Separating Science from Sci-Fi: Battelle's Justin Sanchez on Balancing the Buzz of Brain-Computer Interfaces

Photo: Human head showing underlying neural networks

Brain-computer interfaces are all the rage in medtech, with practically each week bringing the debut of a new “mind-reading” headset or neuron-stimulating implant.

The notoriously wary FDA has even joined the crusade. In the last year alone, it offered up a leapfrog guidance specific to the technology, doled out a handful of breakthrough-device designations to brain-computer interfaces and, in April, issued its first approval to a system that translates brain signals into movements of a hand and wrist brace, allowing stroke patients to relearn how to grasp objects.

And while these rapid-fire developments make it easy to get swept up in the hype surrounding brain-computer interfaces, because of how sensitive neurotech can be, it’s important to realize that plenty of it is just that: unsubstantiated hype.


“More often than not, there’s a lot of people promising things that the tech can’t actually do,” Justin Sanchez, Ph.D., the technical fellow in charge of Battelle’s life sciences research business, told Fierce Medtech.

“It’s so important to get excited by the potential of neurotech and where it could go, but also to be really grounded on that technology and what it does and what science needs to happen in order to make it a reality,” he continued. “Understanding the difference between what is real and what is not when it comes to neurotech is such an important issue, and it’s one that, at Battelle, we take extremely seriously.”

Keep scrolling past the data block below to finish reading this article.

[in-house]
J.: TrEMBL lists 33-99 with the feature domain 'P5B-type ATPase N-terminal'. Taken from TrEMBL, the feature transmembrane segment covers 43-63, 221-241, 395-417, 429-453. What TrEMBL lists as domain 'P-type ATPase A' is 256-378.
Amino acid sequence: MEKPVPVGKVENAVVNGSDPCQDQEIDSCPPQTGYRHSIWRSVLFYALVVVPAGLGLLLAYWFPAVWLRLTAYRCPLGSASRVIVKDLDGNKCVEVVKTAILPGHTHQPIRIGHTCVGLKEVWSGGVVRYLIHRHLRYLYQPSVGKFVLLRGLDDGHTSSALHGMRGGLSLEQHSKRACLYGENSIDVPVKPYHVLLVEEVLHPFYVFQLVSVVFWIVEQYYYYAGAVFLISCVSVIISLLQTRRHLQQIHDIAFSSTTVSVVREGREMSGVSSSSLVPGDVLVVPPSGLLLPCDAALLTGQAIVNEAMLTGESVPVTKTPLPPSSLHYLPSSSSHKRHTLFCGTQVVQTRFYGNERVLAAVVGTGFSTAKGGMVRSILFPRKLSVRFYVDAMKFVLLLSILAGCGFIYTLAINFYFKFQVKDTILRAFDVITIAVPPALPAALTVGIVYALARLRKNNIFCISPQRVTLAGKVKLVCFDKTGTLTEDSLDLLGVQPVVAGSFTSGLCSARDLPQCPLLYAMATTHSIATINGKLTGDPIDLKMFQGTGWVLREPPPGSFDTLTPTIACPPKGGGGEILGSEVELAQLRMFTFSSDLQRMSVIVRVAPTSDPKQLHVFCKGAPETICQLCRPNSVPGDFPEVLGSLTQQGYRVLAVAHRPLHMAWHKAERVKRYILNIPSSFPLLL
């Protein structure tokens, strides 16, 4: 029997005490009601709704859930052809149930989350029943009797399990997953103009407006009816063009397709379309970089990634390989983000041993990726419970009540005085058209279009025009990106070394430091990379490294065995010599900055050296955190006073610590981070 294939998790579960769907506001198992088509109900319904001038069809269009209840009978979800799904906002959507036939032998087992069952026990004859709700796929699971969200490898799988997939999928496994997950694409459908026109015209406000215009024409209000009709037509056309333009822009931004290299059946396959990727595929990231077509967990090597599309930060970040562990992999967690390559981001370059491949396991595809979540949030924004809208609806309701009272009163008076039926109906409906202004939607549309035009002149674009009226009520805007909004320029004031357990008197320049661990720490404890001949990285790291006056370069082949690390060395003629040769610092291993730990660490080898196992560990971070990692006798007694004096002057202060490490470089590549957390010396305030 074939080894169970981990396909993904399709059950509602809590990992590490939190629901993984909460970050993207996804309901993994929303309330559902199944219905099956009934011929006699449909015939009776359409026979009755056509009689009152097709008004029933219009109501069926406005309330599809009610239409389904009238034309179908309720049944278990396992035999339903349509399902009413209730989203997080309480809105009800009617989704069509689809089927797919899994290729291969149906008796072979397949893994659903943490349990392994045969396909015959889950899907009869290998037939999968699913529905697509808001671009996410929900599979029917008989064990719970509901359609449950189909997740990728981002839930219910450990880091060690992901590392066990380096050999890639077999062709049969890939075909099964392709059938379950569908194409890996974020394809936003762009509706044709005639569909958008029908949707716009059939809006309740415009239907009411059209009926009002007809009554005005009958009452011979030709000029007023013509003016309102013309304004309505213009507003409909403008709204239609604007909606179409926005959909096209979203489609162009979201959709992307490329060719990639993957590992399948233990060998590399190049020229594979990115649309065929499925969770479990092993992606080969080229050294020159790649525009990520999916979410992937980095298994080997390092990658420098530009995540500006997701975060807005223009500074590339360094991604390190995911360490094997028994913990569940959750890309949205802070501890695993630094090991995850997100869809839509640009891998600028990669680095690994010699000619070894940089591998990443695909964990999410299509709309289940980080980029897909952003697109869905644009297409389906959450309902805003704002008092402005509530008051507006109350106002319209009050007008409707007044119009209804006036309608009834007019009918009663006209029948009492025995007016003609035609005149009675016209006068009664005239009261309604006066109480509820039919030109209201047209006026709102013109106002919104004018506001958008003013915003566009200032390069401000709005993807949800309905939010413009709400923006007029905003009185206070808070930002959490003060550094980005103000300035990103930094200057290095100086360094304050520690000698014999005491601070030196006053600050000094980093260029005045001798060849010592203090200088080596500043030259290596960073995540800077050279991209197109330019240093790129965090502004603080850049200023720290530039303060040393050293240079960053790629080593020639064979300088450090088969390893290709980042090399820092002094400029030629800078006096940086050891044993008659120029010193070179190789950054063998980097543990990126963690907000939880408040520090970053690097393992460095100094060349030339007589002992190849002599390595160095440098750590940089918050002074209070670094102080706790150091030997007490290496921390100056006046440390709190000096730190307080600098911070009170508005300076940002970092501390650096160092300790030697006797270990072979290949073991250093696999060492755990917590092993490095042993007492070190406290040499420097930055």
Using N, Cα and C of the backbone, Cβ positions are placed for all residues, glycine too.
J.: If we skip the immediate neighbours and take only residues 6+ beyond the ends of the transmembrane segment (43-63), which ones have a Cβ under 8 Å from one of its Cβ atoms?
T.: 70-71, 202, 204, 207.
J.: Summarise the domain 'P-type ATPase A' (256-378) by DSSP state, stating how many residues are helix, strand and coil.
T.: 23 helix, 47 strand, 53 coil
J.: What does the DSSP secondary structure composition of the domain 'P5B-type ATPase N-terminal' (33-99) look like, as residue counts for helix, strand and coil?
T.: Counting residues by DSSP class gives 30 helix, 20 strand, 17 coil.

Battelle’s brain-computer interface work began in the realm of spinal cord injuries with the development of a system that analyzes brain activity to detect a paralyzed individual’s intent to move their hand or arm, then uses that information to stimulate those muscles through a forearm sleeve.

That fundamental technology has since been expanded into stroke rehabilitation and, through Battelle’s long-running partnership with the U.S. Defense Advanced Research Projects Agency—where Sanchez was previously director of the biological technologies office—the ongoing development of a noninvasive brain-computer interface that involves an external headset and injected nanoparticles for neural stimulation.

In a Q&A with Fierce Medtech, Sanchez offered up the two major questions that can separate science from sci-fi in brain-computer interfaces and plotted out the technology’s next moves.

Read the full article here.


Sep 01, 2021


Andrea Park


Fierce Biotech

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